Re-executing the code object from a class 'declaration'
aleaxit at yahoo.com
Wed Oct 6 22:38:40 CEST 2004
Carlos Ribeiro <carribeiro at gmail.com> wrote:
> > Nope, f doesn't get the bases AT ALL; the bases (as a tuple) go in only
> > when you call the metaclass.
> Well. I was mistaken (and that's not be the first time). It goes like
> this; I first checked the dis.dis() code:
> 27 64 LOAD_CONST 4 ('MyClass')
> 67 LOAD_NAME 7 (object)
> 70 BUILD_TUPLE 1
> 73 LOAD_CONST 5 (<code object MyClass at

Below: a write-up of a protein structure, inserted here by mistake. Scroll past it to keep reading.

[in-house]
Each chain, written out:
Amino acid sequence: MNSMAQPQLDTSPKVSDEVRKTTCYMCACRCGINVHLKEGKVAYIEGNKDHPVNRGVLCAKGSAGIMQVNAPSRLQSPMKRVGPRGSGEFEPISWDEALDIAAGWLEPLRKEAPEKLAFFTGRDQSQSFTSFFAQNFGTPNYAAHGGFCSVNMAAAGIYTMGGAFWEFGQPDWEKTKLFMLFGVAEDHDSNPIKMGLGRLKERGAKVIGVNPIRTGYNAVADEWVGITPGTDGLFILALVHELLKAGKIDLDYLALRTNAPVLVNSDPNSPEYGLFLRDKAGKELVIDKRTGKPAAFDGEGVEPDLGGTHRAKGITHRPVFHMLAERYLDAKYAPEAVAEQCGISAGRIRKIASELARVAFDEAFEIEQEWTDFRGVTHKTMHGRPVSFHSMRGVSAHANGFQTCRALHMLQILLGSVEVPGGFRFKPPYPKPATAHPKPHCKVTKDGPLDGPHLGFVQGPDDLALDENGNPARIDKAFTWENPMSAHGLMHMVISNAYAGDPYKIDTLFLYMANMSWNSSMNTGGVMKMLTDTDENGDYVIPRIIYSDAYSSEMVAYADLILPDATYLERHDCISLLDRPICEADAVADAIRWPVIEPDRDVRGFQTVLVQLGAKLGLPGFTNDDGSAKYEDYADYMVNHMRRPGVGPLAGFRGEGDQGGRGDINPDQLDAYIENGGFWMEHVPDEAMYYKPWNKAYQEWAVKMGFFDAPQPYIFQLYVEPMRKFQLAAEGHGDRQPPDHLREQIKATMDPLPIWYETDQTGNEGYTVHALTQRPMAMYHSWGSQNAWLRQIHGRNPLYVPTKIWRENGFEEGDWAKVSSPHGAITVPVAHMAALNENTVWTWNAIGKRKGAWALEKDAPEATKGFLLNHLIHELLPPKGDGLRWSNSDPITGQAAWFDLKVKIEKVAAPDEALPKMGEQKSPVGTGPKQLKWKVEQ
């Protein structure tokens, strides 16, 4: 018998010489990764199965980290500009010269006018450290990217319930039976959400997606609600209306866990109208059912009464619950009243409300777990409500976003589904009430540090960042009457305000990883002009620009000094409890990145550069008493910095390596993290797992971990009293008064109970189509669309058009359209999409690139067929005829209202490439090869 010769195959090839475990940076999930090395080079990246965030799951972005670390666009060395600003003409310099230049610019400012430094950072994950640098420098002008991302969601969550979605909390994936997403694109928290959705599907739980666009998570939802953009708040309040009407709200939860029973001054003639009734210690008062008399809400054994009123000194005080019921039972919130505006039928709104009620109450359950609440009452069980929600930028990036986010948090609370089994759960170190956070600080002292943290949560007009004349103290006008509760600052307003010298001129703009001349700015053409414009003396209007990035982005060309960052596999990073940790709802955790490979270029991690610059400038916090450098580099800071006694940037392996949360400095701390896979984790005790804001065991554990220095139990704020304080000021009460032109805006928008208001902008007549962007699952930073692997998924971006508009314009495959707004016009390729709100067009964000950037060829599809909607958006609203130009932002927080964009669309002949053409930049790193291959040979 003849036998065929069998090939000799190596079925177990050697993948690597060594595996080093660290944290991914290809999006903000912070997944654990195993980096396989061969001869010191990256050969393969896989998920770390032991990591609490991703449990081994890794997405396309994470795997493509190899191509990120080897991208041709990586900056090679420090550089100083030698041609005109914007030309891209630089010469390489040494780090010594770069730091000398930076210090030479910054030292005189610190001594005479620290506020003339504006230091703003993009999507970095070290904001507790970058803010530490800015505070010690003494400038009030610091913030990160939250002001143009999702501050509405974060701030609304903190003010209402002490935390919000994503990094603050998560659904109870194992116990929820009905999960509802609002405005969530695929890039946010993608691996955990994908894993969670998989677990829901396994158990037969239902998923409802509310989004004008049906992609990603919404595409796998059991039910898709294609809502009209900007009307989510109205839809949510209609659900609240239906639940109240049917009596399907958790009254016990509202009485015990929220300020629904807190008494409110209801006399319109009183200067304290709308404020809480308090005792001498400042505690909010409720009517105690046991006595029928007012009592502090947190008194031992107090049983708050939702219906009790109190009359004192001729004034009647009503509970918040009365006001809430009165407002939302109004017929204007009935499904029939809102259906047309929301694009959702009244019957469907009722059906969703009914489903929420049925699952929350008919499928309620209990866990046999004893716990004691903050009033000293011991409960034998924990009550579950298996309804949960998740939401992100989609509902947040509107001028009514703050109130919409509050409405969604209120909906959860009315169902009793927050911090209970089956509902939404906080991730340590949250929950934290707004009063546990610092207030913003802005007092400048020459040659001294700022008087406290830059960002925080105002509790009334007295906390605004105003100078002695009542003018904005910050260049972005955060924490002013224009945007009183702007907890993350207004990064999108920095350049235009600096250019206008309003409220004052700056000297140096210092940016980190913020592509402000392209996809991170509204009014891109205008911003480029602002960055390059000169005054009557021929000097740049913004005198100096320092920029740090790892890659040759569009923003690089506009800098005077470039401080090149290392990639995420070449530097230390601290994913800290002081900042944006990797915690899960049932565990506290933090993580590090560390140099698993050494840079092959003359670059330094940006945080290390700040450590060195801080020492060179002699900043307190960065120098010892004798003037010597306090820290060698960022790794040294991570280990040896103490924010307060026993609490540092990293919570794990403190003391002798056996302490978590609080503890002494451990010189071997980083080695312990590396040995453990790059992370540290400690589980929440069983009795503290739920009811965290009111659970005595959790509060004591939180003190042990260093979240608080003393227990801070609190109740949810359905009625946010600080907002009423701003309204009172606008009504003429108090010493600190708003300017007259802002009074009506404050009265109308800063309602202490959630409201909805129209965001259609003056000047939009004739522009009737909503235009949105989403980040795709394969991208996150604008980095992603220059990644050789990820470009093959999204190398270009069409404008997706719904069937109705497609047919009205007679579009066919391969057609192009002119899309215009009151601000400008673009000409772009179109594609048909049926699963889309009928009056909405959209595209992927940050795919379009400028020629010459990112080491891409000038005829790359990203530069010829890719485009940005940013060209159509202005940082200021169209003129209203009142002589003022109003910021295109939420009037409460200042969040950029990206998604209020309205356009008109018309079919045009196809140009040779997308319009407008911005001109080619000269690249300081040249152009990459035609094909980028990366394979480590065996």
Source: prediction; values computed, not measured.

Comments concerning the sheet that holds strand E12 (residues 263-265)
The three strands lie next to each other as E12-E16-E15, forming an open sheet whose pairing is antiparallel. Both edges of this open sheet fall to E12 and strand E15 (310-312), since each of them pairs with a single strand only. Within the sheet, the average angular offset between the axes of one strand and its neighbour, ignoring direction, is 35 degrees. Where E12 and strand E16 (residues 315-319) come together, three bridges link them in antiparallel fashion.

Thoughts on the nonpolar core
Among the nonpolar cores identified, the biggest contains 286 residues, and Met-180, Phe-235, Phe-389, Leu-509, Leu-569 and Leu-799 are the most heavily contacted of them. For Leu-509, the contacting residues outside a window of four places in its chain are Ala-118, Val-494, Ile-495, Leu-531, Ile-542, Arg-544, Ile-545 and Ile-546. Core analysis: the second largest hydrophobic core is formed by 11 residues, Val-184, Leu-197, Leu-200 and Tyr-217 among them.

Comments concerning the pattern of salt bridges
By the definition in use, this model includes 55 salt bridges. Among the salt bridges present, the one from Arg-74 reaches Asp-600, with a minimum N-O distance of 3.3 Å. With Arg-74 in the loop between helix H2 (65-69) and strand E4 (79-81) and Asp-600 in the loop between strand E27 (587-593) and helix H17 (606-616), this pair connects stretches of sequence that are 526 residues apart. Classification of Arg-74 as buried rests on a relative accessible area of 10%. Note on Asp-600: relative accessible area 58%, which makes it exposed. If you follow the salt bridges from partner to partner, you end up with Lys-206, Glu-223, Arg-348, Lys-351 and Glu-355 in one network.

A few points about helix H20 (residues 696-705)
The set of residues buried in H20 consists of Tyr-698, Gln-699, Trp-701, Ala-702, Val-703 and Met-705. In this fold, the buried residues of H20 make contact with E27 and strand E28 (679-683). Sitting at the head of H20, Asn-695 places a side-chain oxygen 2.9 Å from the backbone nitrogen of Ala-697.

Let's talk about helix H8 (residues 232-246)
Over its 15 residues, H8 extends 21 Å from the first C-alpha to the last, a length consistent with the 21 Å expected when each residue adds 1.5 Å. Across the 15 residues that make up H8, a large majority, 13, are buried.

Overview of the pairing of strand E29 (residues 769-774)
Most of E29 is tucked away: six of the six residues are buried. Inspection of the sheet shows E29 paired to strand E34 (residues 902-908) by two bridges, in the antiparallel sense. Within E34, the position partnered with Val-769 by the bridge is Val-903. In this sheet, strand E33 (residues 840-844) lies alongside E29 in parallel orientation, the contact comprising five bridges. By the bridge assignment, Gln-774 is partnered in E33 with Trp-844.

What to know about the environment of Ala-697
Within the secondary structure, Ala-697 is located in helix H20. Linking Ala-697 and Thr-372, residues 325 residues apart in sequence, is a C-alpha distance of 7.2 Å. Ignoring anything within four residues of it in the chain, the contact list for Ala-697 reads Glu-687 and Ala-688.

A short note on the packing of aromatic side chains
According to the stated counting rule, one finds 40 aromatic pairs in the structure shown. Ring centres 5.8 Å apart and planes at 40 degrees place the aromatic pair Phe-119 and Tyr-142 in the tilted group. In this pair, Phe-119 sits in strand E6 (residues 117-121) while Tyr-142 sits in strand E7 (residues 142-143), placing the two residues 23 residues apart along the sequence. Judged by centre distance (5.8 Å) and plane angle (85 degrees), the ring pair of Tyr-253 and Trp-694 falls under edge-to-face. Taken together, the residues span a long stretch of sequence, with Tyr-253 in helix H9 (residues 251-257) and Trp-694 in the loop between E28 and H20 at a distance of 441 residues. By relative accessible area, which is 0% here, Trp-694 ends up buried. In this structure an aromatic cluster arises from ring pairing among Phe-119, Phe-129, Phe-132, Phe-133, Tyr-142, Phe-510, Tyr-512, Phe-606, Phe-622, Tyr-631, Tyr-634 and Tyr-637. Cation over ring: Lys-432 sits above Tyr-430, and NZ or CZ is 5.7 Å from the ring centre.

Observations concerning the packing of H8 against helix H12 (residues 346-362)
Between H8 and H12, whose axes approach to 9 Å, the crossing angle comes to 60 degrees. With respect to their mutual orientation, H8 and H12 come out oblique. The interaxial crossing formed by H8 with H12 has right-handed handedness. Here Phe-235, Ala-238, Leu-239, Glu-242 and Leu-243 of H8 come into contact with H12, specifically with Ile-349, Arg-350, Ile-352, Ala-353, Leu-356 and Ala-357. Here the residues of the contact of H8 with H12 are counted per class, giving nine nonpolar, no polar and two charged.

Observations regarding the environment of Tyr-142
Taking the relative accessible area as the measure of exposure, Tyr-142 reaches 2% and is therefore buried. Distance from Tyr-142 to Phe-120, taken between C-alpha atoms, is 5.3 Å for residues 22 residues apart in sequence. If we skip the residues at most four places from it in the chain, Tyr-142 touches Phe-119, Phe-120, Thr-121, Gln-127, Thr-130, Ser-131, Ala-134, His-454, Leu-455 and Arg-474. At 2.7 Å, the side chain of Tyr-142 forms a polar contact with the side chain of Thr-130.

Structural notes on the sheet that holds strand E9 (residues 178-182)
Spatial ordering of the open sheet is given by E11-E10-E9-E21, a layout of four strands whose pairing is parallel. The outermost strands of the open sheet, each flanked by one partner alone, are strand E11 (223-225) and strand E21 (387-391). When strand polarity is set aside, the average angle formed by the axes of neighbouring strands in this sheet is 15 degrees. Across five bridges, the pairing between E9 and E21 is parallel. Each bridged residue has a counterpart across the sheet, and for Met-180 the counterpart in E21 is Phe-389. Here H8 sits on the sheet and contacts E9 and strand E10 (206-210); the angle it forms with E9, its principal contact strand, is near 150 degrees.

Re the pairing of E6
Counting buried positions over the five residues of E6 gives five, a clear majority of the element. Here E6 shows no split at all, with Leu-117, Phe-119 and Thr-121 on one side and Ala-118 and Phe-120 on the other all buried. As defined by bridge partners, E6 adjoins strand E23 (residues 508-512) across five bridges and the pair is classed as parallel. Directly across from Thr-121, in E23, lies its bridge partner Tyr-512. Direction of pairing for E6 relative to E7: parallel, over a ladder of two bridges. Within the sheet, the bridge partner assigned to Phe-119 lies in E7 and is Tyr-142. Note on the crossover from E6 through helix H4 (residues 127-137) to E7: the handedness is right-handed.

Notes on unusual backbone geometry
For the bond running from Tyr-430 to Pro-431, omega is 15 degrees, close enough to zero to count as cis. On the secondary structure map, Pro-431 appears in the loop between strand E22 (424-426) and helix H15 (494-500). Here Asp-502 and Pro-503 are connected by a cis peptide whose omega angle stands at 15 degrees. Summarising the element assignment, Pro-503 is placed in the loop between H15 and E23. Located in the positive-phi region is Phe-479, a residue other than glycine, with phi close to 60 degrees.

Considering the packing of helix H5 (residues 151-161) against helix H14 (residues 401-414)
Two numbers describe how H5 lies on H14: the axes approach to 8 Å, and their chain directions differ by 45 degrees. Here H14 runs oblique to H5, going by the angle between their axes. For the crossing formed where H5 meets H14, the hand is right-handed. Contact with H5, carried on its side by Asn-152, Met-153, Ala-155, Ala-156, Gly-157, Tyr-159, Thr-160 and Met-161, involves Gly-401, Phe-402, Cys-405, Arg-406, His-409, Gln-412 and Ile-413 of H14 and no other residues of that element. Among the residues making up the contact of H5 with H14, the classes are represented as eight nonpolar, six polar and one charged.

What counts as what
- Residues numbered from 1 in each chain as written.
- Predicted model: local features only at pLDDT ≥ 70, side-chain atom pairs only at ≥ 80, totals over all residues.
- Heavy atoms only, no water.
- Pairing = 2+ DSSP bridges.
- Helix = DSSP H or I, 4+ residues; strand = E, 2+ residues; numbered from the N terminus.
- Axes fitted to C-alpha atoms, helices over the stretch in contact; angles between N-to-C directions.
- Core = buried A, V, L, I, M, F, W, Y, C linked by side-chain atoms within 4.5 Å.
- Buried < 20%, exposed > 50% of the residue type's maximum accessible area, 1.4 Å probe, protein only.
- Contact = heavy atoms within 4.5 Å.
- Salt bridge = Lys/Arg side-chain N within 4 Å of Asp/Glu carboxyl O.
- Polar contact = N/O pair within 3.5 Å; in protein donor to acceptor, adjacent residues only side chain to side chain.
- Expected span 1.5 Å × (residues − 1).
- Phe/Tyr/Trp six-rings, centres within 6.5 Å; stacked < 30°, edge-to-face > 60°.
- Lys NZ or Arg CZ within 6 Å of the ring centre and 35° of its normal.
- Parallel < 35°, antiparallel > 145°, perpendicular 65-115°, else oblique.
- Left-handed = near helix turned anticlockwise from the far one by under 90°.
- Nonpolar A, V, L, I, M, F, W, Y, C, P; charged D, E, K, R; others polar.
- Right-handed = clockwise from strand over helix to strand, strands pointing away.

> 0120A0A0, file "c:\work\help-on-c-l-py\re_exec_class.py", line 27>)
> 76 MAKE_FUNCTION 0
> 79 CALL_FUNCTION 0
> 82 BUILD_CLASS
> 83 STORE_NAME 8 (MyClass)
> ... with that build_tuple there... besides that I knew I *can* access
> the bases from within my class statement body:
> class MyClass(MyBaseClass):
> bar = MyBaseClass.foo
> ... so I had suspected that the bases *were* passed to f(). But wait!
> Actually, Python is building the stack for the BUILD_CLASS opcode.
Right. When you mention MyBaseClass in the body, it gets looked up in
the globals, just where it was looked up when you passed it as a base.
The 0 in MAKE_FUNCTION _and_ CALL_FUNCTION opcodes refers to the number
of arguments to the function, btw...
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